Church of England keeps getting better ‘n better:

The Rt Revd Rachel Treweek, bishop of Gloucester, the Church of England’s first female diocesan bishop, said: “I don’t want young girls or young boys to hear us constantly refer to God as he,” adding that it was important to be “mindful of our language”.

She raised concerns that non-Christians could feel alienated from the Church if its public pronouncements used solely male language to describe God.

“For me particularly in a bigger context, in all things, whether it’s that you go to a website and you see pictures of all white people, or whether you go to a website and see the use of ‘he’ when we could use ‘god’, all of those things are giving subconscious messages to people, so I am very hot about saying can we always look at what we are communicating,” she said.

The Rt Revd Dr Jo Bailey Wells, Bishop of Dorking, said the tendency to use male language was a “growing problem” as language use in general became more gender balanced.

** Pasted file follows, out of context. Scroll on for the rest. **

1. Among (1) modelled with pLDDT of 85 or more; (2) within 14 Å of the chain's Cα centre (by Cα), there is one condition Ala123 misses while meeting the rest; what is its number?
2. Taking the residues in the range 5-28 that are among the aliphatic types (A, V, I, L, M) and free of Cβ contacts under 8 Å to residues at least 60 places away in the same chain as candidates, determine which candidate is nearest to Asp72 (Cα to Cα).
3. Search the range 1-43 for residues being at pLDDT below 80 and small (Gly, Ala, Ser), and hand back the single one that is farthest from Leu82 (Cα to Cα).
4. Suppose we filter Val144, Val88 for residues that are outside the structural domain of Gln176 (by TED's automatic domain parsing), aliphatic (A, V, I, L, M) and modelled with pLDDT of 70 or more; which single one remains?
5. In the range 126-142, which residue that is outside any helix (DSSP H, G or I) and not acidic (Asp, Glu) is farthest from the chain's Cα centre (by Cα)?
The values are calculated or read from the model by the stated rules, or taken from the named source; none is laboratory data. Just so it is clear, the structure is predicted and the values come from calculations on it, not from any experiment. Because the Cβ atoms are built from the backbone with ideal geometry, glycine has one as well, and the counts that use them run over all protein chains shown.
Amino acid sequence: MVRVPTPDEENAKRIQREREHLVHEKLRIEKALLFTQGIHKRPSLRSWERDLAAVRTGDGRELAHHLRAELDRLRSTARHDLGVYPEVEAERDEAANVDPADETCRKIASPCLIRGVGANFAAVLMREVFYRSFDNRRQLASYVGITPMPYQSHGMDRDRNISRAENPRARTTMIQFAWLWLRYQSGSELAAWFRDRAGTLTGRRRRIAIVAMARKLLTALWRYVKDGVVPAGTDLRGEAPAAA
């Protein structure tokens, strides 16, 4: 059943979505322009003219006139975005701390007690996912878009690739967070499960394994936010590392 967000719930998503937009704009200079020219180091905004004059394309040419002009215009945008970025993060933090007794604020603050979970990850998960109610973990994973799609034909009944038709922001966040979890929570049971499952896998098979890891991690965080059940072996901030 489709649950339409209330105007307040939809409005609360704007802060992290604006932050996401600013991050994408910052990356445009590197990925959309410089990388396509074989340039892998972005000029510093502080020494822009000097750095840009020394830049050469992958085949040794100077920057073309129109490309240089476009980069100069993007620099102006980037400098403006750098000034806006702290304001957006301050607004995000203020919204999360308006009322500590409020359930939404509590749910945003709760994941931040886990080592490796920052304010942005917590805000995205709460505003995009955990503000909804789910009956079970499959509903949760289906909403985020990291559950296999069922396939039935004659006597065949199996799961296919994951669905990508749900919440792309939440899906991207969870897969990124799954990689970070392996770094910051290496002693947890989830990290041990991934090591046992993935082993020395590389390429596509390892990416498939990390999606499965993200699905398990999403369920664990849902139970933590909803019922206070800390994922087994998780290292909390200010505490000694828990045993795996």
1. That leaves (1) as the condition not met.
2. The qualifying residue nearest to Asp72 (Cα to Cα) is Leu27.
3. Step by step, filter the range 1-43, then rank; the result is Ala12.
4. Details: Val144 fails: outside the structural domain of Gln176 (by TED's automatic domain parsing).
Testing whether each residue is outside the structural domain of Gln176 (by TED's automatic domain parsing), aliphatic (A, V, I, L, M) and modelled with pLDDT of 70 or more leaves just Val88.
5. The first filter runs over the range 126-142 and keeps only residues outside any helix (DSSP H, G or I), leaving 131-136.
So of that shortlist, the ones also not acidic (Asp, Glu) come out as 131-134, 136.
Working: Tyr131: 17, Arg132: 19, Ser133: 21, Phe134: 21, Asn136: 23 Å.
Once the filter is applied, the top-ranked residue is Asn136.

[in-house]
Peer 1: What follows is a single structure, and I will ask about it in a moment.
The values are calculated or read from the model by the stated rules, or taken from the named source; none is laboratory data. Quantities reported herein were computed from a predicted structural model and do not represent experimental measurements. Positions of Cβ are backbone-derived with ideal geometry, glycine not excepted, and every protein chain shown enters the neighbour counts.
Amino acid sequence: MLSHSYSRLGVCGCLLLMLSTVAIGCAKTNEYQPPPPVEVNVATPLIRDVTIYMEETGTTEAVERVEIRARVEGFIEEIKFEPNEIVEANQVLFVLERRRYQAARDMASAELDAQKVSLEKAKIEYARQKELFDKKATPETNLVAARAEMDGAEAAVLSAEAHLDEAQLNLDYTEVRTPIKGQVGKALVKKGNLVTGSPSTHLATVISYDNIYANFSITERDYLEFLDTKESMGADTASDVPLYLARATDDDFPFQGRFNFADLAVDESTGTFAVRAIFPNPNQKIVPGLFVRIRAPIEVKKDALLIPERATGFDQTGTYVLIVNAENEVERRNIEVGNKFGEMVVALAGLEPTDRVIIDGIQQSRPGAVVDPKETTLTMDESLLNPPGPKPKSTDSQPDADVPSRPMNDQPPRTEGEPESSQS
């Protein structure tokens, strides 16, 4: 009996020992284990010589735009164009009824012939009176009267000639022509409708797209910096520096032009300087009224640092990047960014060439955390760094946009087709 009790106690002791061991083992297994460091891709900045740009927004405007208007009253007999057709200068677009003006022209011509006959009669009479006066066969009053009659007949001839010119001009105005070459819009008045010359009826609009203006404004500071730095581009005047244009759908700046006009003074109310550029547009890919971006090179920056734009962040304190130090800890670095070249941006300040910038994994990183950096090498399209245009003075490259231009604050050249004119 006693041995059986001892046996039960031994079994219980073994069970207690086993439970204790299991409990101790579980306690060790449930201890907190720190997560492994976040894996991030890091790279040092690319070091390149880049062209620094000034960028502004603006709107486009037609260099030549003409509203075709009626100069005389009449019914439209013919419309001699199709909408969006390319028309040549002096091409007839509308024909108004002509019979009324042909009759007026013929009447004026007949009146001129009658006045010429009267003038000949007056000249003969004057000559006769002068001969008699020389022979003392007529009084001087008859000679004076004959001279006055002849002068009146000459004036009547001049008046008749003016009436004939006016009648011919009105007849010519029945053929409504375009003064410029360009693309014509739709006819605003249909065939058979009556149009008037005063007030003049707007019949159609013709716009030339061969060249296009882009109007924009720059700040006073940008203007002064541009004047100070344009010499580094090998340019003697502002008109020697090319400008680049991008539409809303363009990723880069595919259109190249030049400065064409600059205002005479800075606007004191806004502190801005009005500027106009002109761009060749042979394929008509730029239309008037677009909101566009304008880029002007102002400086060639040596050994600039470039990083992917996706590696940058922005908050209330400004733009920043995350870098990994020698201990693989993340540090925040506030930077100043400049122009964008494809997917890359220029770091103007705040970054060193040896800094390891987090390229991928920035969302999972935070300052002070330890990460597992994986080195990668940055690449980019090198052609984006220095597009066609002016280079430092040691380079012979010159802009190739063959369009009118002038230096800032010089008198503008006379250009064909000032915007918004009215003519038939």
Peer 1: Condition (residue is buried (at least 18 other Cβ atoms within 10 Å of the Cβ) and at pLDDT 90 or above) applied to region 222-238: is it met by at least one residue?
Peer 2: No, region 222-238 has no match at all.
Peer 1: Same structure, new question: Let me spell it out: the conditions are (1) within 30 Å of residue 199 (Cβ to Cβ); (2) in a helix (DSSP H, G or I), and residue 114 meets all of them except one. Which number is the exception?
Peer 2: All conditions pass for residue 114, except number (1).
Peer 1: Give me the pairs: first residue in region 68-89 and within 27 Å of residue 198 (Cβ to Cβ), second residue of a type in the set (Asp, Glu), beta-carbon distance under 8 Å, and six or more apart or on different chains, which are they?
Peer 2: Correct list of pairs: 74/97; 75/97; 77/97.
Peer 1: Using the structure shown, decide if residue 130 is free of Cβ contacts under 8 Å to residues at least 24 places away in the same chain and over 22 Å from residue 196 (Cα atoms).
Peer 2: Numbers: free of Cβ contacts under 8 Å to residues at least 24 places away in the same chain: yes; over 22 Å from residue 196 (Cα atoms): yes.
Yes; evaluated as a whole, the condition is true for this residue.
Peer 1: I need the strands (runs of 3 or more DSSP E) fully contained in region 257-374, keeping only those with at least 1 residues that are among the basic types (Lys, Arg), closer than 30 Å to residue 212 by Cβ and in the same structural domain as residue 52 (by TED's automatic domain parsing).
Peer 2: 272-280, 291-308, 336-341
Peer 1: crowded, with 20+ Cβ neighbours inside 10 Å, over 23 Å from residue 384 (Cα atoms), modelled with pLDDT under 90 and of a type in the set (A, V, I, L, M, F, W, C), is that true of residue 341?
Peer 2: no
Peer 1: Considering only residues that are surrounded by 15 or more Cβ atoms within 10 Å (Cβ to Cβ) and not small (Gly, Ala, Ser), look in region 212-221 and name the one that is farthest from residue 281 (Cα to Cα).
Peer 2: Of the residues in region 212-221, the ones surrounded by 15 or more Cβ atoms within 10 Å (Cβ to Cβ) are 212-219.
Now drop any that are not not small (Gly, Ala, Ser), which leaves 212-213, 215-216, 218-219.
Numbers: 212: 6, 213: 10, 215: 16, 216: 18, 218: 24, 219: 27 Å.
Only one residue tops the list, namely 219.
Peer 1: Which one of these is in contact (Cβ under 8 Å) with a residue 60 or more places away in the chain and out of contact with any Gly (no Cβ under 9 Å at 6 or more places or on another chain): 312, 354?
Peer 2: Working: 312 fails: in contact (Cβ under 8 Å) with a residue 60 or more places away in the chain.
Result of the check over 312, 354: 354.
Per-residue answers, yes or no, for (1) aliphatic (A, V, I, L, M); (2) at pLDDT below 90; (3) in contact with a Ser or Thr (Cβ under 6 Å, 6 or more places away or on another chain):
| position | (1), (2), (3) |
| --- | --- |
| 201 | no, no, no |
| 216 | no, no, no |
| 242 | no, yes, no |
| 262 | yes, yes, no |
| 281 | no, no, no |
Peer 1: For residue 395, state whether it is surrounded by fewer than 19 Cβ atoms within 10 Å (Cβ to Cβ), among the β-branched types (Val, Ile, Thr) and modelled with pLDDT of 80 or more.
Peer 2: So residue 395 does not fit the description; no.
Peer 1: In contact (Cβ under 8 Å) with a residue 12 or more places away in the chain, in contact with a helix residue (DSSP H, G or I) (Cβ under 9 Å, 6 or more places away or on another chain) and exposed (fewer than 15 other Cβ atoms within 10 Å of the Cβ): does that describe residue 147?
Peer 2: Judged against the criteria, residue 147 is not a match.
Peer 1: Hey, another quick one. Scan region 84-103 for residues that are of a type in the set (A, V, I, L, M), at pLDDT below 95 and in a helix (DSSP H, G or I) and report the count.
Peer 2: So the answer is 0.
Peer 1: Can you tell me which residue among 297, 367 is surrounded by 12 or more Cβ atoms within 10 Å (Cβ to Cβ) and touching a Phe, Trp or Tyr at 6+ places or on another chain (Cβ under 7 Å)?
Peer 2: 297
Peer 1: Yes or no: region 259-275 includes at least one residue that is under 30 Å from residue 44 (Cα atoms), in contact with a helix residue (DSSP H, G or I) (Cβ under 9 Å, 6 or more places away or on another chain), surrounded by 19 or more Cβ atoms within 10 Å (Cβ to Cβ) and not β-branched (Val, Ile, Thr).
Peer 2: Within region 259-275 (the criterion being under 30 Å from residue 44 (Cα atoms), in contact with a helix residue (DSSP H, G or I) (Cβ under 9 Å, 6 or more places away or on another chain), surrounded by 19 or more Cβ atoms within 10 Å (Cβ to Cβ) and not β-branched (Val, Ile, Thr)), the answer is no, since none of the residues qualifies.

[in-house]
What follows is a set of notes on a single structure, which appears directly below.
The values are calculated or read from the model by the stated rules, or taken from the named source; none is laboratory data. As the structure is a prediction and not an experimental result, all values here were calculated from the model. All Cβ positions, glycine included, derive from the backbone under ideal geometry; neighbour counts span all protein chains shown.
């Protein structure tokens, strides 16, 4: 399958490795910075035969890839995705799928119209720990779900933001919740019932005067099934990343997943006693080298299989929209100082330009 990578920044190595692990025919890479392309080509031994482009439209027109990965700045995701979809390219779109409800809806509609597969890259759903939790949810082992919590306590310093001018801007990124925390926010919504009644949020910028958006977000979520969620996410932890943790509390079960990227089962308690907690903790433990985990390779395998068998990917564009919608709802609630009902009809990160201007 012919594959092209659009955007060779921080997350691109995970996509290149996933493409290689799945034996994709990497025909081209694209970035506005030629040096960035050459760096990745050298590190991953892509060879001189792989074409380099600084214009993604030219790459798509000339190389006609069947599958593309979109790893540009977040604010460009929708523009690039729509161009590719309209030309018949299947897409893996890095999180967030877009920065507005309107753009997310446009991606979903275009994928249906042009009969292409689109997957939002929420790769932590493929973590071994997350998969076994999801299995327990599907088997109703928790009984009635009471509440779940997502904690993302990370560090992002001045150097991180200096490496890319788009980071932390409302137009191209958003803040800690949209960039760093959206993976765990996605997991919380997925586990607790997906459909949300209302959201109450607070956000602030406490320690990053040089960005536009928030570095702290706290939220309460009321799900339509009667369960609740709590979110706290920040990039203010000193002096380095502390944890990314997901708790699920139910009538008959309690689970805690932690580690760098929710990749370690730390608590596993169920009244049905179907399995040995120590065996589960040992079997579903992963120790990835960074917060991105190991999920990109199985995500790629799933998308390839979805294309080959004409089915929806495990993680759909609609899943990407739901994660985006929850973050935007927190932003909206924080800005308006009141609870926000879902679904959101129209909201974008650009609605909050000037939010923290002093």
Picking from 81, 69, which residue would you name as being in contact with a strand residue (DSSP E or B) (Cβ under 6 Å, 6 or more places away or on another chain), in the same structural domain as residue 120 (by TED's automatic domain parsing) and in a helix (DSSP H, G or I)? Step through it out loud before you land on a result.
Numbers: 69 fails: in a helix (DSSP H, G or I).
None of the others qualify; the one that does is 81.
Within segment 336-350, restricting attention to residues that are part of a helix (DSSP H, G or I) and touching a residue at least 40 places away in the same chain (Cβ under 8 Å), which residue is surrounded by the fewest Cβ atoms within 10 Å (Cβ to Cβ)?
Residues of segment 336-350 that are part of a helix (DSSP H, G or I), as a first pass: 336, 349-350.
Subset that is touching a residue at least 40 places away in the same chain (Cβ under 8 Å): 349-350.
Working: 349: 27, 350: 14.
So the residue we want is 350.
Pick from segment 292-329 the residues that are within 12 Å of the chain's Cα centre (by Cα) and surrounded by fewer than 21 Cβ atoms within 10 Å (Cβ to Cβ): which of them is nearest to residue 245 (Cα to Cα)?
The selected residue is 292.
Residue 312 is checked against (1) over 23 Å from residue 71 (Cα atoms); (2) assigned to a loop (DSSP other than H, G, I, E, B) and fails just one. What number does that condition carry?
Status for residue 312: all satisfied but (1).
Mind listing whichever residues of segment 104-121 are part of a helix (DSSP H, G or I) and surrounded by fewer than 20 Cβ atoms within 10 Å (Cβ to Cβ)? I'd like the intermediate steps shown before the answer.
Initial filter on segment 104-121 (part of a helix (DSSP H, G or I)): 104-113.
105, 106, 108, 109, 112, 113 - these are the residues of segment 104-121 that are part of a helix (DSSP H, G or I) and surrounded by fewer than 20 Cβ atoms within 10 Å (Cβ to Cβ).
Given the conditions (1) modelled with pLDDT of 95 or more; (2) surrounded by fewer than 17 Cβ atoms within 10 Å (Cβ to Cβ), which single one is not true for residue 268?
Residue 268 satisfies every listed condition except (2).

The Bishop of Dorking. God love England.

In TOTALLY UNRELATED news from earlier this month:

The Church of England is facing a generational catastrophe with only 2% of young adults identifying with it, while seven out of 10 under-24s say they have no religion, research reveals.

C of E affiliation is at a record low among all age groups, and has halved since 2002, according to the British Social Attitudes survey. Far fewer actually attend church services on a regular basis.

Meanwhile, the trend towards a secular society has increased over recent years. The BSA survey found that 52% of people had no religion in 2017 compared with 41% in 2002. However, the proportion last year was slightly down on 2016, when 53% said they had no religious affiliation.

The demographic breakdown in the new data is particularly unwelcome news for the church. Younger people are significantly less likely to identify with the C of E than older age groups, and evidence suggests that people rarely join organised religion in later life. The trend indicates that affiliation with the C of E could become negligible with successive generations.

I’m sure gender-balancing the language will fix the problem.